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Choosing the Right College with an Undecided Major

Karen Spencer

Written by Karen Spenceron February 12th, 2014

Like many admissions officers, I was introduced to this line of work after having been a tour guide at Valparaiso University. I went to graduate school to study counseling in higher education and, while working in the admissions office at UVA, realized that admissions was my passion. As an admissions officer at Franklin & Marshall, I read and made decisions on applications from NY, CA, and CO, was in charge of transfer admissions, and was the liaison to all coaches during the athletic recruiting process. Moving to Georgetown, I continued to oversee transfer admissions and reviewed applicants from the Midwest, reading up to 1800 applications each year. I also acted as the liaison for the soccer coach, and led one of the business school admissions committees. During my time in the admissions world, I particularly enjoyed meeting with students, helping student athletes decide if they really wanted to play a sport in college, helping transfer students find a better fit at a different college, and helping students and parents debunk the myriad of myths that are out there regarding this process.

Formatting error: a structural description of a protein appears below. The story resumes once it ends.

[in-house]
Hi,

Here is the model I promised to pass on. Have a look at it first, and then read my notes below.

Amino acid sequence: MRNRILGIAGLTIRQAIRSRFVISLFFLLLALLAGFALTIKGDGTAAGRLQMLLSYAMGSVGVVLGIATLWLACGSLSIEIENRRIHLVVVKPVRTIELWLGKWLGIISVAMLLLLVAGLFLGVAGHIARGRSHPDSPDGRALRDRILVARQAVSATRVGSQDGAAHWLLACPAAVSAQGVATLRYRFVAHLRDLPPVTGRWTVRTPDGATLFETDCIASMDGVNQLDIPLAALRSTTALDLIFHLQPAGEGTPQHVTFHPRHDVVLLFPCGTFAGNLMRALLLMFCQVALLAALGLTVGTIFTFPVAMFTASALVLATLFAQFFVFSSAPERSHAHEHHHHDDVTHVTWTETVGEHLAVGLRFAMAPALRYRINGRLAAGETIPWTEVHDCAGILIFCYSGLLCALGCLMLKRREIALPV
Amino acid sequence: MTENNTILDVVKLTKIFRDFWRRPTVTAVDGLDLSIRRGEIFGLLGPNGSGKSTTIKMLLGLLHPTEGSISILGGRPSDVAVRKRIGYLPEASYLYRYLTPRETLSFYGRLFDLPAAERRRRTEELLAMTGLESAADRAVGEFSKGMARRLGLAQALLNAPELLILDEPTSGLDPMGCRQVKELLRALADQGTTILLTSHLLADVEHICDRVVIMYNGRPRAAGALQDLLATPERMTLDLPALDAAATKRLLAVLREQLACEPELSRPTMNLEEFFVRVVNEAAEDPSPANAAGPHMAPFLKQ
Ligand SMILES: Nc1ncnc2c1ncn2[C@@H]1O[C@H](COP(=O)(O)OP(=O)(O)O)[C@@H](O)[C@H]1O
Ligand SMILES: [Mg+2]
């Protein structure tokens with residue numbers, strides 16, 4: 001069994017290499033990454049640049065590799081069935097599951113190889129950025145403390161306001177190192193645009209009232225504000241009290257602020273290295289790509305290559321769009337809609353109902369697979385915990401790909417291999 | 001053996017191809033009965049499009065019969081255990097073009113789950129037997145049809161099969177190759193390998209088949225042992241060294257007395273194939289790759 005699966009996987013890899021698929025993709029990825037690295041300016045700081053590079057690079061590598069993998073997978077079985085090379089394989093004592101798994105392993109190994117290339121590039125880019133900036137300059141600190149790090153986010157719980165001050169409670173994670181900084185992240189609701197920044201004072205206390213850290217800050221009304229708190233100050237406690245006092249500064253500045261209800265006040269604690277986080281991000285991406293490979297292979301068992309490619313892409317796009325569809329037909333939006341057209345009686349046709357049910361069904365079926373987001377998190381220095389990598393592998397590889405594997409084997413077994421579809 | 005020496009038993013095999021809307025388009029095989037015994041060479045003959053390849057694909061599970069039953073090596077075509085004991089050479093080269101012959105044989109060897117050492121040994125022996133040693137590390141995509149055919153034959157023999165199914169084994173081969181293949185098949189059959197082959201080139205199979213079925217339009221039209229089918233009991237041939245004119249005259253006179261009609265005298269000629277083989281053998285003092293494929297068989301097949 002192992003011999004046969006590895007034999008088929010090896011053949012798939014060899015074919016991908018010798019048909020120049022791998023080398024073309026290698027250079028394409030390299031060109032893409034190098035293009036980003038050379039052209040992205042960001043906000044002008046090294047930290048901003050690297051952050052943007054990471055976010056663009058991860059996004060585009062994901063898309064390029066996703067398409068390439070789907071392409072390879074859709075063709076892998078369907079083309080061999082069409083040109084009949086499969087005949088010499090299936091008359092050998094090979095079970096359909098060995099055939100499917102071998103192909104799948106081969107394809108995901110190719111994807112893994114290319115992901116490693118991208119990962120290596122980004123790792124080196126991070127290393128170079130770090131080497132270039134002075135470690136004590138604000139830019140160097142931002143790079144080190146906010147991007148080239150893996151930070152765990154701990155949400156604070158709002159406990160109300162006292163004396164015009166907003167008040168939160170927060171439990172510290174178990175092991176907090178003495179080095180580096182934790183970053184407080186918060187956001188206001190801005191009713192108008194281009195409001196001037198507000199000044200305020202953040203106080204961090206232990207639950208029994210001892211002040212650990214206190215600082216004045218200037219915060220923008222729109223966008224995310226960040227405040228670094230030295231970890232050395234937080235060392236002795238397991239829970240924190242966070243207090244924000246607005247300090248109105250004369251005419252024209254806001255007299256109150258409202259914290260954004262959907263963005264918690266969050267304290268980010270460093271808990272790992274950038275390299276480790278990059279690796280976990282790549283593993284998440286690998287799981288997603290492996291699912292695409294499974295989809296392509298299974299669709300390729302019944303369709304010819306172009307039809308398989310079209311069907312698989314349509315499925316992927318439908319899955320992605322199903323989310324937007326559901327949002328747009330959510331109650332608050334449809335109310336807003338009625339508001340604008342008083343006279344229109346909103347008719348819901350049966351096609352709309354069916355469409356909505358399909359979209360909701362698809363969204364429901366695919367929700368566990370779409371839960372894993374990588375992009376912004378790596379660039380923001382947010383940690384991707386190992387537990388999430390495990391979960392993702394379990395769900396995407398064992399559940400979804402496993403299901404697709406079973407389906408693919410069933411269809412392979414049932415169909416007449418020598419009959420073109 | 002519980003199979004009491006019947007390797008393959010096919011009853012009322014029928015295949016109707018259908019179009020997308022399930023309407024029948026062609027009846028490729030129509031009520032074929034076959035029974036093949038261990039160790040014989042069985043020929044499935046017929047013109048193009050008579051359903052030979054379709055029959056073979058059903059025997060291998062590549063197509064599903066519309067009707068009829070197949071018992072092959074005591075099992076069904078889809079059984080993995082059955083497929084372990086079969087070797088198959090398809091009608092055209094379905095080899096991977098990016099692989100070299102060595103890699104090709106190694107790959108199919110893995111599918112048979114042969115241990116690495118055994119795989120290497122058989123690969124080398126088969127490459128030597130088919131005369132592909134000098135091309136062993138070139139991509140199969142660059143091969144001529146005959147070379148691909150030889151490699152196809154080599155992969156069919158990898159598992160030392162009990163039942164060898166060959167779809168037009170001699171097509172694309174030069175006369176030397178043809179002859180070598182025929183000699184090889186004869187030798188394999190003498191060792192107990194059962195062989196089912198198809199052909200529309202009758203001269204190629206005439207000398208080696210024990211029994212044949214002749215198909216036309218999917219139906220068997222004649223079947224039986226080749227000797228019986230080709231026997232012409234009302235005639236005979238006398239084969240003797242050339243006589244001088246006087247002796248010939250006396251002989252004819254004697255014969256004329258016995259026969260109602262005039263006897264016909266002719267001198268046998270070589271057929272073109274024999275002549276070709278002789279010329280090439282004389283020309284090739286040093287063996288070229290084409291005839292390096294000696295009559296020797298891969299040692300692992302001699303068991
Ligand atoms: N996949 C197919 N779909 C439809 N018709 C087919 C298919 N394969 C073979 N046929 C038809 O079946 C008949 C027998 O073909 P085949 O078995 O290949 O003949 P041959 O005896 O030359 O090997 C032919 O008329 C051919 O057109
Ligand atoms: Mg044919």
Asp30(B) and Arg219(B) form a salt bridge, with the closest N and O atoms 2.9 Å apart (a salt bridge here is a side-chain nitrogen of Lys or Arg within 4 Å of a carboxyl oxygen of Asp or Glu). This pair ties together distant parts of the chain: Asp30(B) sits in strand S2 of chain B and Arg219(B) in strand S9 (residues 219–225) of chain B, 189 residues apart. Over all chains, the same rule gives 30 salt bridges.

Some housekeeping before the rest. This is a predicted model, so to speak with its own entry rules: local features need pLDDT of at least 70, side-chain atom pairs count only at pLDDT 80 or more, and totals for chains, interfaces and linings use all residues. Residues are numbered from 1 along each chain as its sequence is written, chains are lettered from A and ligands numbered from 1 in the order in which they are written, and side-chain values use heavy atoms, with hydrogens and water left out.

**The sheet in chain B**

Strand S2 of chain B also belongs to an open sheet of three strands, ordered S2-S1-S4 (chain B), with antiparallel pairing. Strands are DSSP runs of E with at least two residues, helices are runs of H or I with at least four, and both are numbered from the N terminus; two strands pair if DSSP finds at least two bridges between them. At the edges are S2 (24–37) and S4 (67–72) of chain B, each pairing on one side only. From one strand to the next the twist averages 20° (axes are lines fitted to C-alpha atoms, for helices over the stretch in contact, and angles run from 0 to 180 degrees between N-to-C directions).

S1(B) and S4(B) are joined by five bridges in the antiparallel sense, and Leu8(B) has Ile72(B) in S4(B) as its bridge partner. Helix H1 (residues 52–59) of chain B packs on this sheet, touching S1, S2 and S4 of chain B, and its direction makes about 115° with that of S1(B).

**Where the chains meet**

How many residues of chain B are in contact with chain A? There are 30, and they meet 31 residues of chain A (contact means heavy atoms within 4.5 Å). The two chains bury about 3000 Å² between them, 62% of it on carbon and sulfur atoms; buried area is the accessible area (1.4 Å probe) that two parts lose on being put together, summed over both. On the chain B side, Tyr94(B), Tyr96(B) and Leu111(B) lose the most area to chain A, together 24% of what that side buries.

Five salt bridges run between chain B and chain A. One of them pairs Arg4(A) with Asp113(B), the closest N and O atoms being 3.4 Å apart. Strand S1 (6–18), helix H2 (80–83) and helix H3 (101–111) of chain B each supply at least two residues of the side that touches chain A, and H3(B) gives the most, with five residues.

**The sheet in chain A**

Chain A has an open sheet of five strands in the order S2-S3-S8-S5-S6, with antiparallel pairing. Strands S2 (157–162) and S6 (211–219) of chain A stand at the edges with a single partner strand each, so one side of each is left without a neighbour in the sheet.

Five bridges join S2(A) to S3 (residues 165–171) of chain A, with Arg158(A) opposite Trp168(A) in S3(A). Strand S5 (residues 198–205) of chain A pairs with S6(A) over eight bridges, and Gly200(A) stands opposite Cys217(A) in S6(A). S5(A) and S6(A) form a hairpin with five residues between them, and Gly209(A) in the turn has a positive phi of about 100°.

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When I begin talking with families about a college list, many parents lead the conversation with the question, “How do we choose the right college if my child is undecided about what major she wants to study?”  I tell these parents that for at least 80 percent of students, major shouldn’t be a main driver in where they pick a college. Why? American higher education is unique in many ways, and one of those is the idea that students ought to attend college with a goal of exploring many subjects in order to figure out what they want to study. They do not need to begin their university education with a set course of action. To reinforce this idea, most colleges don’t ask for students to ultimately declare a major until the end of sophomore year. And many also require quite a few introductory courses, not only to give students a more robust general education, but to let them see what subjects might pique their interest. Most Students Change Major at Least Once Research shows that upwards of 60-70 percent of students will change their major at least once during college, which begs the question of why anyone would pick a college for a reason that has a large likelihood of changing?  Most schools (even small ones) have so many majors to choose from it’s not imperative that you know what you want to study before you unpack your bags freshman year. I am a perfect example of the necessity for exploration. I’m not a science or math person, so when I went to find courses to fulfill those course requirements in college, I looked for the least science-y courses I could find. That’s how I discovered Psychology 101.  Lo and behold, I ended up loving the course and ultimately ended up declaring psychology as my major.  Ironically, the subject matter I bemoaned having to take ultimately was what led me to my future major. I should also note that for many—myself included—what we study is not always what we end up “doing” with our lives. My job as an educator is more a product of having been a tour guide in college and Inter-sorority Vice President (which led me to getting a Masters in Higher Education) than having been a psych major.  There are definitely jobs that require a certain major; engineering comes to mind.  But for so many jobs these days, what you studied in college isn’t always directly related to your career. So, for those parents who are worried about having a child choose “undecided” on their application, fret not. Janet Reno was a chemistry major and Julia Roberts was pre-vet. You just never know what might happen! New Call\u002Dto\u002DAction


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